It's here: My first mock draft. I tried holding out a little longer, but it's way too much fun to try and simulate different scenarios for Buffalo. There will be a few more mock drafts posted through draft season, on an "as I feel like it" basis. This will hopefully provide some changing perspective as we learn more about prospects and the Bills sign free agents to shape their needs.
The mock draft was done with Fanspeak's On The Clock draft simulator using Drafttek's big board, and you can find the full results (which includes the picks by the other 31 teams) here.
If you're just interested in the players picked for Buffalo: keep reading.
Round 1: Myles Jack, LB, UCLA
I'm not sure that Jack drops to Buffalo in reality, but I do think there's a chance. The extremely athletic two-way player has a few traits that may make teams hesitate. First, he's only 6'1" tall. Of the linebackers drafted in the first round since 2010, only two players were shorter than six foot two: Ryan Shazier (15th overall) and Sean Weatherspoon (19th overall). In the second round are a lot more names, such as Eric Kendricks, Mychal Kendricks, Bobby Wagner, Lavonte David, and Jon Bostic.
Secondly, Jack is coming off of a torn meniscus in his knee. His rehab from the injury, and how well he tests at the NFL Combine, may have teams believing his ceiling is lower.
Don't be deterred, though. Jack is one of the most athletic linebackers in the last five years of the draft. He's versatile enough to play in pretty much any defense, stacks up linemen with powerful hits, and is a strong tackler. He's still developing his understanding of block shedding, of form tackling, of coverage shells. But he has elite linebacker potential, and if that is available for Buffalo, they have to spring for it.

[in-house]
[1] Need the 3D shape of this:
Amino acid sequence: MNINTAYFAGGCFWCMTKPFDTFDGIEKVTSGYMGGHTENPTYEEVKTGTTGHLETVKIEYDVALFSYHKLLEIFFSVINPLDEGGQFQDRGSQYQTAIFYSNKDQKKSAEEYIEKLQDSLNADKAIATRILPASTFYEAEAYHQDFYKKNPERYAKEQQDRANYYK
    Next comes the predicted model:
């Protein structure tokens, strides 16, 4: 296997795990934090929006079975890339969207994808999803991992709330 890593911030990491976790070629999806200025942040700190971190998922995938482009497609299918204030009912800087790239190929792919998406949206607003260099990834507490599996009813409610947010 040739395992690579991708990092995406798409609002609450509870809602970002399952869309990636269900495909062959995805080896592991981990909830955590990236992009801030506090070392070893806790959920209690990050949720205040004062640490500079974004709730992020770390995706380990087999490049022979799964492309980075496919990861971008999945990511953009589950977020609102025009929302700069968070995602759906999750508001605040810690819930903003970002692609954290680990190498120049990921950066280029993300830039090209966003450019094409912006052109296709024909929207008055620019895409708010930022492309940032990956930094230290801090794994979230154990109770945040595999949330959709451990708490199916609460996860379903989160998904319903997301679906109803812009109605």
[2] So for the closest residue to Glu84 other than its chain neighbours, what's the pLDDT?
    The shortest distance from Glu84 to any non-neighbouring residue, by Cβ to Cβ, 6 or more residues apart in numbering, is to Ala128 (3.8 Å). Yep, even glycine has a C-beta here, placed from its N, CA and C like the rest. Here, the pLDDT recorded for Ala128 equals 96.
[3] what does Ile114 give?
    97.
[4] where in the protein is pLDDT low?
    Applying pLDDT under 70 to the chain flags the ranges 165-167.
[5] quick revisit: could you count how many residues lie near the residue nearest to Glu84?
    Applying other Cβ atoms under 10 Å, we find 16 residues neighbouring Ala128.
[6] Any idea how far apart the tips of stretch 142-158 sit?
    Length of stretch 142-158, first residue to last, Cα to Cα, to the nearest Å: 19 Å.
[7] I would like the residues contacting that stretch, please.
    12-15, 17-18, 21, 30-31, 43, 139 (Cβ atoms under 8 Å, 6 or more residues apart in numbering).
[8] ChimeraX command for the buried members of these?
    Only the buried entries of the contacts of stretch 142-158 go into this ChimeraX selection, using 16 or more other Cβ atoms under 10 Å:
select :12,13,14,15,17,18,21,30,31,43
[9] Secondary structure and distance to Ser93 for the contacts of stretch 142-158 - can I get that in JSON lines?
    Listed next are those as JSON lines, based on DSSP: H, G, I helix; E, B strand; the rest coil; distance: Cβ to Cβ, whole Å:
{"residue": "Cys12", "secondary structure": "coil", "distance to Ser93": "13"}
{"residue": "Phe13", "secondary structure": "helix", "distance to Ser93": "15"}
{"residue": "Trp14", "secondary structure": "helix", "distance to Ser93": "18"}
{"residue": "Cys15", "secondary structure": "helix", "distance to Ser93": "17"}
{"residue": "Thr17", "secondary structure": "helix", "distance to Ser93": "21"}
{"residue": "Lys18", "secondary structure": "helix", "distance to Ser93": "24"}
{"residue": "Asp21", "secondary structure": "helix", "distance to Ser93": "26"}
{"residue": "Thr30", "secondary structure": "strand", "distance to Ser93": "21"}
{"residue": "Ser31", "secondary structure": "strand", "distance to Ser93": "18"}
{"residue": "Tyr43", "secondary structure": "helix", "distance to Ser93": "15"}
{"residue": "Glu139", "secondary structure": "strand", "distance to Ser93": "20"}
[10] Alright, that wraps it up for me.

Round 2: Vernon Butler, DL, Louisiana Tech
In round two I was hoping to address an offensive need, but the value with Butler was just too good to pass up. At six foot four and 325 pounds, Butler has earned comparisons to Muhammad Wilkerson in some circles. He has tremendous power in his game but can move around like a man who weighs 20 pounds fewer. This is the type of player Rex Ryan loves to coach up, and it wouldn't shock me to see him picked in the first round by Buffalo come April.
Round 3: Sterling Shepard, WR, Oklahoma
With arguably Buffalo's two largest defensive needs addressed with the first two BPA picks, I decided to focus my next pick on the offensive side. I was considering Michigan State center Jack Allen, when I noticed that this Sooner was still on the board. Selecting him was an easy decision.
Shepard might be the most polished route runner in this draft. And when I say polished, I mean that his routes have a crispness to their movement, but also that he has speed and suddenness to put cornerbacks on their heels, and that he understands how to incorporate nuances like head fakes and jab steps in order to fool a defender. Shepard is only 5'10", but his ability to separate earns him space to catch the ball.
In Greg Roman's offensive scheme, they've locked down a major role by having Sammy Watkins onboard. To complete the passing offense, there are two strategies they could try: adding a tall, physical receiver who can be a fierce run blocker and make contested catches, or acquiring a fast, shifty receiver who can tear up the underneath zones that open when Watkins is running his deep routes. Doug Whaley would prefer a player who can accomplish both roles, but there's no Calvin Johnson in this draft. So I went with the second option in choosing Shepard.